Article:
NEW BOOKS IN MARCH 12+

« Back

Children of Blood and Bone by Tomi Adeyemi, published by Macmillan

They killed my mother.

They took our magic.

They tried to bury us. 

NOW WE RISE. 

Zélie remembers when the soil of Orïsha hummed with magic. When different clans ruled – Burners igniting flames, Tiders beckoning waves, and Zélie’s Reaper mother summoning forth souls.

But everything changed the night magic disappeared. Under the orders of a ruthless king, anyone with powers was targeted and killed, leaving Zélie without a mother and her people without hope. Only a few people remain with the power to use magic, and they must remain hidden.

Zélie is one such person. Now she has a chance to bring back magic to her people and strike against the monarchy. With the help of a rogue princess, Zélie must learn to harness her powers and outrun the crown prince, who is hell-bent on eradicating magic for good.

Danger lurks in Orïsha, where strange creatures prowl, and vengeful spirits wait in the waters. Yet the greatest danger may be Zélie herself as she struggles to come to terms with the strength of her magic – and her growing feelings for an enemy.

Big Bones by Laura Dockrill, published by Bonnier

 The latest teen novel from the sparkling Laura Dockrill, introducing Bluebelle, and her moving, hilarious take on food, body image and how we look after ourselves and others

A heart-warming teen story from the unique voice of Laura Dockrill, about Bluebelle, aka BB, aka Big Bones – a sixteen-year-old girl encouraged to tackle her weight even though she’s perfectly happy, thank you, and getting on with her life and in love with food. Then a tragedy in the family forces BB to find a new relationship with her body and herself. Moving, memorable and hilarious.

Enter our competition to win one of 10 copies of Big Bones up for grabs.

Flying Tips for Flightless Birds by Kelly McCaughrain, published by Walker

From debut author Kelly McCaughrain comes a sweet and kooky romcom for fans of R. J. Palacio’s Wonder, Sarah Crossan, and Susin Nielsen’s We Are All Made of Molecules.

Twins Finch and Birdie Franconi are stars of the flying trapeze. But when Birdie suffers a terrifying accident, Finch must team up with the geeky new kid, Hector Hazzard, to form an all-boys double act and save the family circus school.

Together they learn to walk the high-wire of teen life and juggle the demands of friends, family, first love and facing up to who they are – all served up with a dash of circus-showbiz magic.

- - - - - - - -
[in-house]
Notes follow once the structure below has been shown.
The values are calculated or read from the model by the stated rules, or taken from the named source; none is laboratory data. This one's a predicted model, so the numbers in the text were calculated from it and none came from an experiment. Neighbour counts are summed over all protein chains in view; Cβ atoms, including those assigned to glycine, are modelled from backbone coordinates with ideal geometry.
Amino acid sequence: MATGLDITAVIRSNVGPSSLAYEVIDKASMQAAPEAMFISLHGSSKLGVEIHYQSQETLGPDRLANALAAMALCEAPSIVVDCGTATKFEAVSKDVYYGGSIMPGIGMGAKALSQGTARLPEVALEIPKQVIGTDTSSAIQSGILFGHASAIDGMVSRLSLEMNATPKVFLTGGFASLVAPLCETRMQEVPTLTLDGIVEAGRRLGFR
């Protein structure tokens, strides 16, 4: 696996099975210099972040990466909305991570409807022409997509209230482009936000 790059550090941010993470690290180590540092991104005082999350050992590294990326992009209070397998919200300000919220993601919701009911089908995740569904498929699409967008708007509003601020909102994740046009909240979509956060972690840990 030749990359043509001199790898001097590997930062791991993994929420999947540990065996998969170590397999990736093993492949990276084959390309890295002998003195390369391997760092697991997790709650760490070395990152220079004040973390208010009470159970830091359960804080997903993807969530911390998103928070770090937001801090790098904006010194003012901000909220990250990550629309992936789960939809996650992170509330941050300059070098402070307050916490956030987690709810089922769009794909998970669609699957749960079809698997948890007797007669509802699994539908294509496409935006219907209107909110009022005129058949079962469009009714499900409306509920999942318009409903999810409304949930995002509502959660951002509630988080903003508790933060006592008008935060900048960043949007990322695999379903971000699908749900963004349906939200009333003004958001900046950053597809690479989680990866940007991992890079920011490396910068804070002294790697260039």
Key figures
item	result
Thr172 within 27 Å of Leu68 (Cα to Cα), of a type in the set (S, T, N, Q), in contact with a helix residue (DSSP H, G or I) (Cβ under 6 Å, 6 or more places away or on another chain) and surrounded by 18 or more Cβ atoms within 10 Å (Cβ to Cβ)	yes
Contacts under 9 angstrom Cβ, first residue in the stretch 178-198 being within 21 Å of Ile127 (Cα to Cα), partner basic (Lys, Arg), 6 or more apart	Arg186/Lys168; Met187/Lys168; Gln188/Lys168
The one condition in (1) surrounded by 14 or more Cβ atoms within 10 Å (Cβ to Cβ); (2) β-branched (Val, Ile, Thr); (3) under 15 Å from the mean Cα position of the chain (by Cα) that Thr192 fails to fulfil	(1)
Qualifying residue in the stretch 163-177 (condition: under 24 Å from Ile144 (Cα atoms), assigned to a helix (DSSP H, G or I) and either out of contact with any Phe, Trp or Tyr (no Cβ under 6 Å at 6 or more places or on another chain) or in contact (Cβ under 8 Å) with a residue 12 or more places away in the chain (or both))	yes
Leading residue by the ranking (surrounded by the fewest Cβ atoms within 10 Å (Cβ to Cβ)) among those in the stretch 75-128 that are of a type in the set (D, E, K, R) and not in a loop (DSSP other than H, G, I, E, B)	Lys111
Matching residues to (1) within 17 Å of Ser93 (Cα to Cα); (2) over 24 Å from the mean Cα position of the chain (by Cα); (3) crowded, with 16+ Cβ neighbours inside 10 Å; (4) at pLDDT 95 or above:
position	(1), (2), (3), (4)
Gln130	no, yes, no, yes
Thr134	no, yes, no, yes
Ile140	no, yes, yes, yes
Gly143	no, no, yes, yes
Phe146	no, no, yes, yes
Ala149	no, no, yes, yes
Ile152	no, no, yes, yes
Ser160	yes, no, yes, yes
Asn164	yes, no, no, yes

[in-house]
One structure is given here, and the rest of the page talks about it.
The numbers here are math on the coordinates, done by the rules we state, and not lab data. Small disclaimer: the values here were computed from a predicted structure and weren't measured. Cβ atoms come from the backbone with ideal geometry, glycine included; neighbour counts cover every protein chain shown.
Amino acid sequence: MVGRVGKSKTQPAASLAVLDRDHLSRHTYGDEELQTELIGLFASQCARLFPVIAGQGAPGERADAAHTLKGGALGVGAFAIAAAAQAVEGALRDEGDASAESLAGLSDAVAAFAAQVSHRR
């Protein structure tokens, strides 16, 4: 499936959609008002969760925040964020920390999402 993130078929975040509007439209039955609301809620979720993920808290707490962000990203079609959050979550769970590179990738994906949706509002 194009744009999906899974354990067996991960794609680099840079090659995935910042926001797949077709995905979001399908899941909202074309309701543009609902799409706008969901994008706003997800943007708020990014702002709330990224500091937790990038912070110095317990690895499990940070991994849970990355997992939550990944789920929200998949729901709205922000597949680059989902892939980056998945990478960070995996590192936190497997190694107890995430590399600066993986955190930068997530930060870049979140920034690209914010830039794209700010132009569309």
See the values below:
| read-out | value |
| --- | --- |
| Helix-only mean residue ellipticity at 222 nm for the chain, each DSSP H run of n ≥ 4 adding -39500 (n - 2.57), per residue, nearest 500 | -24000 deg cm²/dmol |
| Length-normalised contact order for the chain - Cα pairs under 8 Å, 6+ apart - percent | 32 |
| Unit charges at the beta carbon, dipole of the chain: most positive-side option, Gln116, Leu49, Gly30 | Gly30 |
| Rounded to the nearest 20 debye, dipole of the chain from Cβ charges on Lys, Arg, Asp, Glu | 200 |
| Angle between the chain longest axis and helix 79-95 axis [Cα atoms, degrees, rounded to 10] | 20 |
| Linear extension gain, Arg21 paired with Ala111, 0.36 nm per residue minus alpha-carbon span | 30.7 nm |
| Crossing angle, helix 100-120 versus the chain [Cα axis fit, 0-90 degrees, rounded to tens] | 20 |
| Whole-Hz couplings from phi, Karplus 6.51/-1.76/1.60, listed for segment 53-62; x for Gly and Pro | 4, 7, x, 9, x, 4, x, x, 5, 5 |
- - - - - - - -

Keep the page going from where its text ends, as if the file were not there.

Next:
Read an extract from Flying Tips for Flightless Birds here.

To Kill A Kingdom by Alexandra Christo, published by Bonnier

 Dark and romantic YA fantasy for fans of Sarah J Maas – about the siren with a taste for royal blood and the prince who has sworn to destroy her.

Princess Lira is siren royalty and the most lethal of them all. With the hearts of seventeen princes in her collection, she is revered across the sea. Until a twist of fate forces her to kill one of her own. To punish her daughter, the Sea Queen transforms Lira into the one thing they loathe most – a human. Robbed of her song, Lira has until the winter solstice to deliver Prince Elian’s heart to the Sea Queen or remain a human forever.

The ocean is the only place Prince Elian calls home, even though he is heir to the most powerful kingdom in the world. Hunting sirens is more than an unsavoury hobby – it’s his calling. When he rescues a drowning woman in the ocean, she’s more than what she appears. She promises to help him find the key to destroying all of sirenkind for good. But can he trust her? And just how many deals will Elian have to barter to eliminate mankind’s greatest enemy?

Bonnier have 20 proof copies of To Kill a Kingdom to give away. Enter our competition here.

Pride and Prejudice by Jane Austen, published by Penguin

When two rich young gentlemen move to town, they don’t go unnoticed – especially when Mrs Bennett vows to have one of her five daughters marry into their fortunes. But love, as Jane and Elizabeth Bennett soon discover, is rarely straightforward, and often surprising. It’s only a matter of time until their own small worlds are turned upside down and they discover that first impressions can be the most misleading of all.

With a behind-the-scenes journey, including an author profile, a guide to who’s who, activities and more.

What’s Weird On Earth, published by DK

Fact-hungry kids will love poring over these warped world maps full of unique and weird data. See how many lightning strikes hit parts of our planet, the wind patterns of the whole world, and even how the world map would look if global warming melted the ice caps!

Covering everything from Pangea to the world’s weirdest natural wonders, this is Earth in all its strange glory. What’s Weird on Earth is an entirely new atlas adventure, with maps of UFO sightings, popular foods, every country resized according to population density, and their popularity as holiday destinations. Kids can spot the strangest features on every corner of Earth; from ancient patterns carved in the desert sand to the 29,000 bath toys that sailed the world’s ocean currents after a shipwreck.

Travel back in time to discover maps from previous centuries or turn the globe upside down – literally. Planet Earth will never seem the same again!